Still, the team said, it plans to fix wireless connectivity, but not in time for the first few games.
"People are spending their hard-earned dollars with us," Kozole said. "We want to make sure we provide this amazing experience that they walk away saying: 'Wow, I want to come back to Ford Field. I want to come back to a Lions game. I want to come back to a concert.' "
In addition to Wi-Fi and apps rolled out in 2013, the Lions have been offering officially sponsored pregame parties on Brush Street and more on-site entertainment, such as a 50/50 raffle jackpot. There's also electronic ticketing, new food vendors, and post-game activities for kids younger than 14 to get a free mini football — and run a touchdown on the field.
This year, the team is adding new Uber stands off Woodward and the northbound East Fisher service drive, if you use the travel service.
Outside, on Adams Street, there will be a 30-foot high, 200-foot long zip line, to race down. It will be free to ticket holders who sign a waiver and are between 45 pounds and 250 pounds. It's managed by SuperGames, a Columbus, Ohio, company that also runs a line for the Cleveland Browns. The line starts at 30 feet up, and descends to about 10 feet.
"It's a pretty exciting activity," said SuperGames manager Zach Wells. "It's intense."
The team also is setting up a karaoke machine.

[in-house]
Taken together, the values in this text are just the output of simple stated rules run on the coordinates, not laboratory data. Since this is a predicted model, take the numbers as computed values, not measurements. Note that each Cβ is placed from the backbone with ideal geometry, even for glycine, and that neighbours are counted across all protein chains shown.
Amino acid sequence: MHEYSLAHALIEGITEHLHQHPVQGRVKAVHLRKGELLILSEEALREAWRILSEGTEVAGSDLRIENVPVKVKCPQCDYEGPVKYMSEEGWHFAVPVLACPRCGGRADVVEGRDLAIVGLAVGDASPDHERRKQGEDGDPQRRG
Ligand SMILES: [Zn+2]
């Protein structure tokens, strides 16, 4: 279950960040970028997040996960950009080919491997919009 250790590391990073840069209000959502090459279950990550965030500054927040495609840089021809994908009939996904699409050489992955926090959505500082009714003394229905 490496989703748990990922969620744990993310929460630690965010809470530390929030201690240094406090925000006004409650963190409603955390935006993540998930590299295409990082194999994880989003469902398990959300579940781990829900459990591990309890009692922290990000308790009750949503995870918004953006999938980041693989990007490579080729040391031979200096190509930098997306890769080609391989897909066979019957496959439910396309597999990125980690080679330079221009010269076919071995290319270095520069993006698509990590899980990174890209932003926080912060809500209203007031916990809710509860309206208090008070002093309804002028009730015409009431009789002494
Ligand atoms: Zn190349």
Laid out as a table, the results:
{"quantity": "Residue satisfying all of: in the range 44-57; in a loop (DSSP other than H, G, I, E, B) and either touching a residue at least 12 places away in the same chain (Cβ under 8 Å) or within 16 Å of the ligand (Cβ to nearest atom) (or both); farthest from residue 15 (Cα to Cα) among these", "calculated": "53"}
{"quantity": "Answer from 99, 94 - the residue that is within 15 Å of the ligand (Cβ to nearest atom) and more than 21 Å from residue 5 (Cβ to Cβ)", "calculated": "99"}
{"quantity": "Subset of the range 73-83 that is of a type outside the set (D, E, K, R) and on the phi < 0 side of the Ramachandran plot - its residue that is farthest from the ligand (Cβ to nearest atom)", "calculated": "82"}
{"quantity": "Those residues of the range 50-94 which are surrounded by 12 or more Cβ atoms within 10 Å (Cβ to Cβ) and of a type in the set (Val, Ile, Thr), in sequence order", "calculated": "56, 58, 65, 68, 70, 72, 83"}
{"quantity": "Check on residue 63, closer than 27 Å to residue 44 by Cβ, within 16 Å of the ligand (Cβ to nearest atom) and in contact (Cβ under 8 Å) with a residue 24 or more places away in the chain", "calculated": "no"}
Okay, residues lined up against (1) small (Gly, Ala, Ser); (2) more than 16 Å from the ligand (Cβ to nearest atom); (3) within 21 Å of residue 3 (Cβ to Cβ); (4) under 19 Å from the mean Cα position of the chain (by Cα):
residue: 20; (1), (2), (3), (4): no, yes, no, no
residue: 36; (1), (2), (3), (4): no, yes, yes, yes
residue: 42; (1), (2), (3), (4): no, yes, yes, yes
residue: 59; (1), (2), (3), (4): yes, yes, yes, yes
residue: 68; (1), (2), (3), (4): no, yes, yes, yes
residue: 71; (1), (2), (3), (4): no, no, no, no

And, if you prefer games of chance, a Plinko game, and a cash machine, the Lions Cash Blaster, that fans can get inside and try to catch paper bills blowing around. The bills can be exchanged for merchandise and concessions in the stadium.
From 11 a.m. to noon, the team will offer soft-pack cooler giveaways at the gates, an incentive to get you into the stadium early. The free items will be different each game.
Special treats, better seats
Inside, in addition to the usual concession fare, some of which will be sold at lower-prices.
Fans can buy a huge, four-pound blue doughnut with Michigan apple filling — a treat for two to four people — for $15. There also will be new bratwursts infused with ale, and fresh, house-made pretzels, and Lions-branded burgers and fries, and icy treats — including Stafford Strawberry Lemonade — from the Detroit Water Ice Factory, a shop set up to donate some of its proceeds to charity.
Season ticket members will also get to use a 20% discount in the Stadium Collection store, which has been reconfigured, from 11 a.m. to noon. It's a perk, the Lions said, that fans requested.
And new this year, the Lions also are selling special seating — Tunnel Club seats — in the end zone that lets the fans see, and even high-five, players as they walk out onto the gridiron during introductions for $10,000 for a season membership. As of Thursday, there were only a few tunnel seats left.
"The goal is to have a packed stadium to give us a football advantage," Kozole said, noting that enthusiastic fans can tip the balance in a close game. "That's really what drives all this, our football team."
But are all the improvements in vain if the players on the field don't win?
"I would disagree," Kozole said, making no predictions about how many games the team would win this season. "While we can't control what happens on the field, it's a great family outing. It's a great day out with friends. It's more than just a football game."
And 1,500 season ticket holders who upgrade their tickets for $50, can get a pass to get in earlier, too.
(2016 © Detroit Free Press)